Why For Sale By Owners Are On the Decline

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Did you ever look at an activity and say to yourself, “That doesn’t look so hard.  I think I could do that.”  Take the example of playing golf.  What’s the big deal?  Swing at a white ball approximately 70 times during a typical four hour round and pick the spherical object out of a gopher hole 18 times and WALLAH! – – – you’re ready to tee it up at the US Open.  That is until you actually get out there and try to do it.

What looks like a relatively simple task becomes your worst nightmare.  Casually observing the sport on TV and watching true professionals play the game is a little different than doing it yourself.  So too with trying to sell your home yourself without professional help.

I remember about fifteen years ago when the internet was just starting to have an impact on the real estate business.  Many REALTORS® bemoaned how it would make the homeselling process simpler for the average homeowner and put my profession on the endangered species list.  After all, promotion of a home would be easier and cheaper on the world wide web and more people would bypass our services.  Well – – – fast forward to the present and let’s look at the facts.

For the past three years, 88 percent of sellers have sold with the assistance of an agent and only nine percent of sales have been FSBO sales.  In 2003 that number was 14 percent.  Of the homes that did sell FSBO, 44 percent knew the buyer before even putting it on the market.  If you crunch the numbers that means that only five percent of FSBO sales took place where the seller didn’t know the buyer.¹  That’s a small number.  So why has selling FSBO been on the decline?

Let’s take a look at how the homeselling process has evolved in just a short period of time:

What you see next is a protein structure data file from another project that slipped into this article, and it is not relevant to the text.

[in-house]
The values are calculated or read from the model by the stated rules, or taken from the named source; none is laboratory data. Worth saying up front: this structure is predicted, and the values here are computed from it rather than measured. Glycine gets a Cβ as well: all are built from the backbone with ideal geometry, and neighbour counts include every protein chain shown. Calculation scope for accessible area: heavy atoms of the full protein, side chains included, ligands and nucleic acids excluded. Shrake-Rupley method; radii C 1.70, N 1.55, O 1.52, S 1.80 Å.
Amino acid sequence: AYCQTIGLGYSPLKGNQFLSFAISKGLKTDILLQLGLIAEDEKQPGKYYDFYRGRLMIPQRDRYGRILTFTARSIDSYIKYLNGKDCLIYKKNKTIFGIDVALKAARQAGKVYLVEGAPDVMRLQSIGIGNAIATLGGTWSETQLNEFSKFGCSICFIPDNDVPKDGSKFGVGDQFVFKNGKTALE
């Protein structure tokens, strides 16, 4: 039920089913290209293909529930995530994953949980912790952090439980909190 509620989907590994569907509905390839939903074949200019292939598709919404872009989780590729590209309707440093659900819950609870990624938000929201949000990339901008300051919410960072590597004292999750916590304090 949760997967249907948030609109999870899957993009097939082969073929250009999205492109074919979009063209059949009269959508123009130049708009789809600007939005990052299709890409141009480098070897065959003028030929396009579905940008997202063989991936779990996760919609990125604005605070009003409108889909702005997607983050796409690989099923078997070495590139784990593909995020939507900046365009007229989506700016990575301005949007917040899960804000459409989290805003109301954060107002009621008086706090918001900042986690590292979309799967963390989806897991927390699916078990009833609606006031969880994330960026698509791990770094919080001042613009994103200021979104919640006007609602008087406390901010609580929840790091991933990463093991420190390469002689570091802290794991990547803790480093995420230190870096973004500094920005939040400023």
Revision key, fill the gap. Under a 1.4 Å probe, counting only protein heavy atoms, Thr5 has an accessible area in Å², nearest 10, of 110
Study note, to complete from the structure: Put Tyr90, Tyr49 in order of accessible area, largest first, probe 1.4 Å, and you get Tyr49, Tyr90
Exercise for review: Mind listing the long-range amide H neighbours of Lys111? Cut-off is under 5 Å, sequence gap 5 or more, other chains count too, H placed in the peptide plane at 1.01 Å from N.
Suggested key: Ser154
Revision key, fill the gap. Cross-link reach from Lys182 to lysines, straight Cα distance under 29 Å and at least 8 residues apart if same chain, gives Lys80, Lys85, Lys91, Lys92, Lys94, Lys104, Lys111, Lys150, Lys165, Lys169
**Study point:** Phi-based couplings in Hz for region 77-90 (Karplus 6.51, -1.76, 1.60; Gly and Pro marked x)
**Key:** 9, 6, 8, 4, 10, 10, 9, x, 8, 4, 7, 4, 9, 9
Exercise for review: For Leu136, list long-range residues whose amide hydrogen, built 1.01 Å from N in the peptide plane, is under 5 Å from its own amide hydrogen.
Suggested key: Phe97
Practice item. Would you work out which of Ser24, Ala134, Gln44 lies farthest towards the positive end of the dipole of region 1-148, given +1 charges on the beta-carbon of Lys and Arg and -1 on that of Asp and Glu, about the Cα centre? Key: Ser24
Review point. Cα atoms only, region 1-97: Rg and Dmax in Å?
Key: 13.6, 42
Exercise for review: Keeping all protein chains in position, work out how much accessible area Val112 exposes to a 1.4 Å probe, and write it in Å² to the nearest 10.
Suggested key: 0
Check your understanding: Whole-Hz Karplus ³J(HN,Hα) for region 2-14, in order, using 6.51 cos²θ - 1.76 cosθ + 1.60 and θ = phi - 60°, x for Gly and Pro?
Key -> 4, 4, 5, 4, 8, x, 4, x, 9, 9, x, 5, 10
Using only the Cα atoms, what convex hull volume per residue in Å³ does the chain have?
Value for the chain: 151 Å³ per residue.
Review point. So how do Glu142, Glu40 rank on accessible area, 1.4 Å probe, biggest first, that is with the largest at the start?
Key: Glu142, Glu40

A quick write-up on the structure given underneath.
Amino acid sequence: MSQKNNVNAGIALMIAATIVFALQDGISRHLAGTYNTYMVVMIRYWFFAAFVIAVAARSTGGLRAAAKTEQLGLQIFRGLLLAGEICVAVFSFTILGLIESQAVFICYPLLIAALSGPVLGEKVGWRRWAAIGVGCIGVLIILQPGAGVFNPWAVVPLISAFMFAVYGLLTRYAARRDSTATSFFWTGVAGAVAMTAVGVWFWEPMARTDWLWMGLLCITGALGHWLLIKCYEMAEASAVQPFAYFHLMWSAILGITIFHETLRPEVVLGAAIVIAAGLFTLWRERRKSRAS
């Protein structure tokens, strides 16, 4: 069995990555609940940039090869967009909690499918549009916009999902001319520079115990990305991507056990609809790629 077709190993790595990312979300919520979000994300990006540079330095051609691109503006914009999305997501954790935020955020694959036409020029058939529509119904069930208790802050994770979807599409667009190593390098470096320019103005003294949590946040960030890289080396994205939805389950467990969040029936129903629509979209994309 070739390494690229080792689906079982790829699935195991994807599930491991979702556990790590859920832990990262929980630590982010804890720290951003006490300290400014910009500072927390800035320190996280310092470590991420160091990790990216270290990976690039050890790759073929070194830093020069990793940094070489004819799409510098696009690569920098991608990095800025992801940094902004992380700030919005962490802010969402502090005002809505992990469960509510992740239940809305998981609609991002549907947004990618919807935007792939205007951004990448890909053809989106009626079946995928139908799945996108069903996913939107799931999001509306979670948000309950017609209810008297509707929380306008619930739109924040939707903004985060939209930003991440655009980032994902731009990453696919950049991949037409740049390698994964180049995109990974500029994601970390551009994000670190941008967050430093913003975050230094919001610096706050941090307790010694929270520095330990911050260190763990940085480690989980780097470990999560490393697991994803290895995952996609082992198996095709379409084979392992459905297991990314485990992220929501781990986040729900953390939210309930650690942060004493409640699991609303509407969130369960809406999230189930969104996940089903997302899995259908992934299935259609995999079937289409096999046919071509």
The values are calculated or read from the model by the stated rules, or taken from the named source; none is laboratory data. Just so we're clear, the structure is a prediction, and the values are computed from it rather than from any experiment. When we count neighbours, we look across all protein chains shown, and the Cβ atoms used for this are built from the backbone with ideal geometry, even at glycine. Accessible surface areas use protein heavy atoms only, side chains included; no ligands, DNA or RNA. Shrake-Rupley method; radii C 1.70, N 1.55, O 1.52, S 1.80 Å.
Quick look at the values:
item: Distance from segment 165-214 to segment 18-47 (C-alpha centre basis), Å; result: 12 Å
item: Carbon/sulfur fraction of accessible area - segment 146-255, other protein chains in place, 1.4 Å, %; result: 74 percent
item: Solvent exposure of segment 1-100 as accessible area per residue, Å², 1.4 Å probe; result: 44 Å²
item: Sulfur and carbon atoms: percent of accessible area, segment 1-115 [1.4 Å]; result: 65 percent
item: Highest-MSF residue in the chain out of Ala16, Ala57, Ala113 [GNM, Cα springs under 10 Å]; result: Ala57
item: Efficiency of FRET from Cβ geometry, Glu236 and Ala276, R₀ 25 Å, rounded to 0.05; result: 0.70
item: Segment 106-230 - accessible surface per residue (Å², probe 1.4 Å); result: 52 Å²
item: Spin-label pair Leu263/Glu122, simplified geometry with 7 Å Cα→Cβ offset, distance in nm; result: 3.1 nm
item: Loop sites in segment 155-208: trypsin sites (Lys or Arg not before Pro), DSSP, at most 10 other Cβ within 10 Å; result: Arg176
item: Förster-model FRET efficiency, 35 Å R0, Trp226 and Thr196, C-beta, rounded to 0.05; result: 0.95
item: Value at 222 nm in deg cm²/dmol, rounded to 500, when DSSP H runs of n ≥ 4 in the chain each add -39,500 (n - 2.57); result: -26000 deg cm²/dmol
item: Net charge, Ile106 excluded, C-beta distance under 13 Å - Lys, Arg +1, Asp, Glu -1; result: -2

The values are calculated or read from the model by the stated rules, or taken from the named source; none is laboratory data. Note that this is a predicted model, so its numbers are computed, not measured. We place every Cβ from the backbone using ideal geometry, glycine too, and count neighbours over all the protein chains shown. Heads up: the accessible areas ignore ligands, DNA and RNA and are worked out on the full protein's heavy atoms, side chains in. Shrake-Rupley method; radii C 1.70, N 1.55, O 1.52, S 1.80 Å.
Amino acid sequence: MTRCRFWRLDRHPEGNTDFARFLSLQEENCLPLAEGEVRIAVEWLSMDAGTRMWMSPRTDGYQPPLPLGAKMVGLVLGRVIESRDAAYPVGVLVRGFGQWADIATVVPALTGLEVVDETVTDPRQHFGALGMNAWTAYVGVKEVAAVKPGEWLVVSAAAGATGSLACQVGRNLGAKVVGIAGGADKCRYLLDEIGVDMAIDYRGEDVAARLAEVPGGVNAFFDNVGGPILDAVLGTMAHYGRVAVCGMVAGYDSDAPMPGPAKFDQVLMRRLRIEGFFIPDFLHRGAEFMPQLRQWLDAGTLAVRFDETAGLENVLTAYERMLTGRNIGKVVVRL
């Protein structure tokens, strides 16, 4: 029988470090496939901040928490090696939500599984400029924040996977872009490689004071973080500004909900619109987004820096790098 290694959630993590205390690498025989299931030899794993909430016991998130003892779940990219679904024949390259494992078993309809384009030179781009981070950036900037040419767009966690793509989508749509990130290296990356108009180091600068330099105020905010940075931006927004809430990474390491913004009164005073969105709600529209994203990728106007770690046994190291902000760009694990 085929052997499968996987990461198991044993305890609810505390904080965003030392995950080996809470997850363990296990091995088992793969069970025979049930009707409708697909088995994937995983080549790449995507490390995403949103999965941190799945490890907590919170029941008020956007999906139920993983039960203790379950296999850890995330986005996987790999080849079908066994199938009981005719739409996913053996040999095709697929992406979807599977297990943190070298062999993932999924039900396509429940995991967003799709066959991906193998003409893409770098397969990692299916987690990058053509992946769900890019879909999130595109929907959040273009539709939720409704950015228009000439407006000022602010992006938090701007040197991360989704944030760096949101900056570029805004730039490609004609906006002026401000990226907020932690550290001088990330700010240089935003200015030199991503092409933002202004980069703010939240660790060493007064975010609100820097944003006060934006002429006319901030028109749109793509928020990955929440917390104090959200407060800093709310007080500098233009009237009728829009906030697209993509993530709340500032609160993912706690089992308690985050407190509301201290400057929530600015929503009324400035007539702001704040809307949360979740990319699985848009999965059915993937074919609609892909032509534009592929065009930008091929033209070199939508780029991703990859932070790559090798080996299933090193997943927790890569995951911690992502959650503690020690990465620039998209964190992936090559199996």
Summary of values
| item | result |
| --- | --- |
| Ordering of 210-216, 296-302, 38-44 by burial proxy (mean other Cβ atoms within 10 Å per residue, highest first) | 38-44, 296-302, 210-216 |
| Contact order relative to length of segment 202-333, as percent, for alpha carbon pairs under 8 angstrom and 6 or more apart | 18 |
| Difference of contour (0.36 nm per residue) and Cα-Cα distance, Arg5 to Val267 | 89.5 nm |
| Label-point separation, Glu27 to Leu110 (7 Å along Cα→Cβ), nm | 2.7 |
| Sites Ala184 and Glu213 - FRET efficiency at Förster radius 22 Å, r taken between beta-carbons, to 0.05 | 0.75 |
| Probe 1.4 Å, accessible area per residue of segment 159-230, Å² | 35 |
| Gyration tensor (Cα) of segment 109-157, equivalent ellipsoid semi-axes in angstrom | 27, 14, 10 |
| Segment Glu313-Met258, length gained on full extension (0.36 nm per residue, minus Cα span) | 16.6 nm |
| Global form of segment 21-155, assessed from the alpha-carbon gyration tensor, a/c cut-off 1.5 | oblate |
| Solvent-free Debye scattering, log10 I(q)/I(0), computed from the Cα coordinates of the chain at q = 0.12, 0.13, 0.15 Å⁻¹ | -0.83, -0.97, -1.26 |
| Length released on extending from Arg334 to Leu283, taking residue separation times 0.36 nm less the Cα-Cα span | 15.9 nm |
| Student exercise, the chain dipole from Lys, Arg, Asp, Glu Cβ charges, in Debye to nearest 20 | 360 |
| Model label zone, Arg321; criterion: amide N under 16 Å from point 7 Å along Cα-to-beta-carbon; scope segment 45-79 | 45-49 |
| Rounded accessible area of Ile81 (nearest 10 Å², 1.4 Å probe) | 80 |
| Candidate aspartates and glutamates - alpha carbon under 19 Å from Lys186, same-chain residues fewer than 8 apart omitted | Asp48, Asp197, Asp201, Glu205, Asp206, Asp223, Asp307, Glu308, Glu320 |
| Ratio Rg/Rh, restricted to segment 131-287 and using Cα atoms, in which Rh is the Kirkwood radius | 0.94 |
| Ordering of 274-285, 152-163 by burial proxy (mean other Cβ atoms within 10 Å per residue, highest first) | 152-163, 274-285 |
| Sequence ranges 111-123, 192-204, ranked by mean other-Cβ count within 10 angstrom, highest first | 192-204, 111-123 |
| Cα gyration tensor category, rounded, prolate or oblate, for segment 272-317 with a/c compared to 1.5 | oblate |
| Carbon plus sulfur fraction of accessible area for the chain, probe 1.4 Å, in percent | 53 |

The Pennsylvania Association of REALTORS® standard agreement of sale for real estate used to be 1½ pages when I started in the business.  It’s now 13.  By the way, that doesn’t even begin to cover the various addendum that are attached to the agreement.  For the average person to understand what all the clauses mean and how they affect the party’s positions in the transaction is a daunting task.

In the state of Pennsylvania, it is required that sellers of residential property (with some exceptions), fill out a seller’s disclosure and present it to the buyer for review prior to signing an agreement of sale.  This seller’s disclosure recommended by the Pennsylvania Association of REALTORS® is 9 pages long and asks hundreds of questions regarding the condition of the property.  If a seller’s house was built prior to 1978, a lead-based paint disclosure is also required.

After signing an agreement of sale, now the fun begins – – inspections.  Various inspectors look at the home through a microscopic lens.  These inspections could include a whole house inspection, radon test, water analysis, septic inspection, and pest inspection to name a few.  Very few homes ever go through this process unscathed and most buyers will want items fixed or conditions remedied prior to settlement.

Most sellers think this part of the process is strictly for the buyer, however, the seller needs to pay attention.  If the agreement of sale is contingent on the buyer’s obtaining financing, are they qualified?  Does the seller’s home fall under the physical and location guidelines for the type of mortgage being sought by the buyer?  An appraisal of the property is always part of the mortgage process.  If the house does not appraise for the price listed in the agreement of sale, what are the options?

Between time of signing the agreement of sale to settlement date, there are at least a dozen deadlines for buyers and sellers to meet in the standard agreement of sale endorsed by the Pennsylvania Association of REALTORS®.  In today’s frantic-paced world, buyers and sellers find that trying to keep track of contingency deadlines while attending their kid’s school activities can be a real challenge.  Miss a deadline and the agreement of sale could go down in flames.

Assorted Other Stuff
If the above tasks aren’t enough to make you think twice about going down the FSBO road, consider the fact that you’ll need to post your home on all the most popular real estate websites, take photos and or a video of your home, install a ‘For Sale’ sign in the front yard and inform the entire world of your personal cell phone number, take inquiry calls at all hours of the day and night, take off work to show your home during the day and/or night, give up a couple of free Sundays to conduct open houses – – – do you want me to continue?

Still think selling your own home is easy?  Let’s set up a tee time at your local golf club so we can review this again.


¹ National Association of REALTORS® Research Division. 2014 Profile of Home Buyers and Sellers. Rep. 2014 ed. Print.

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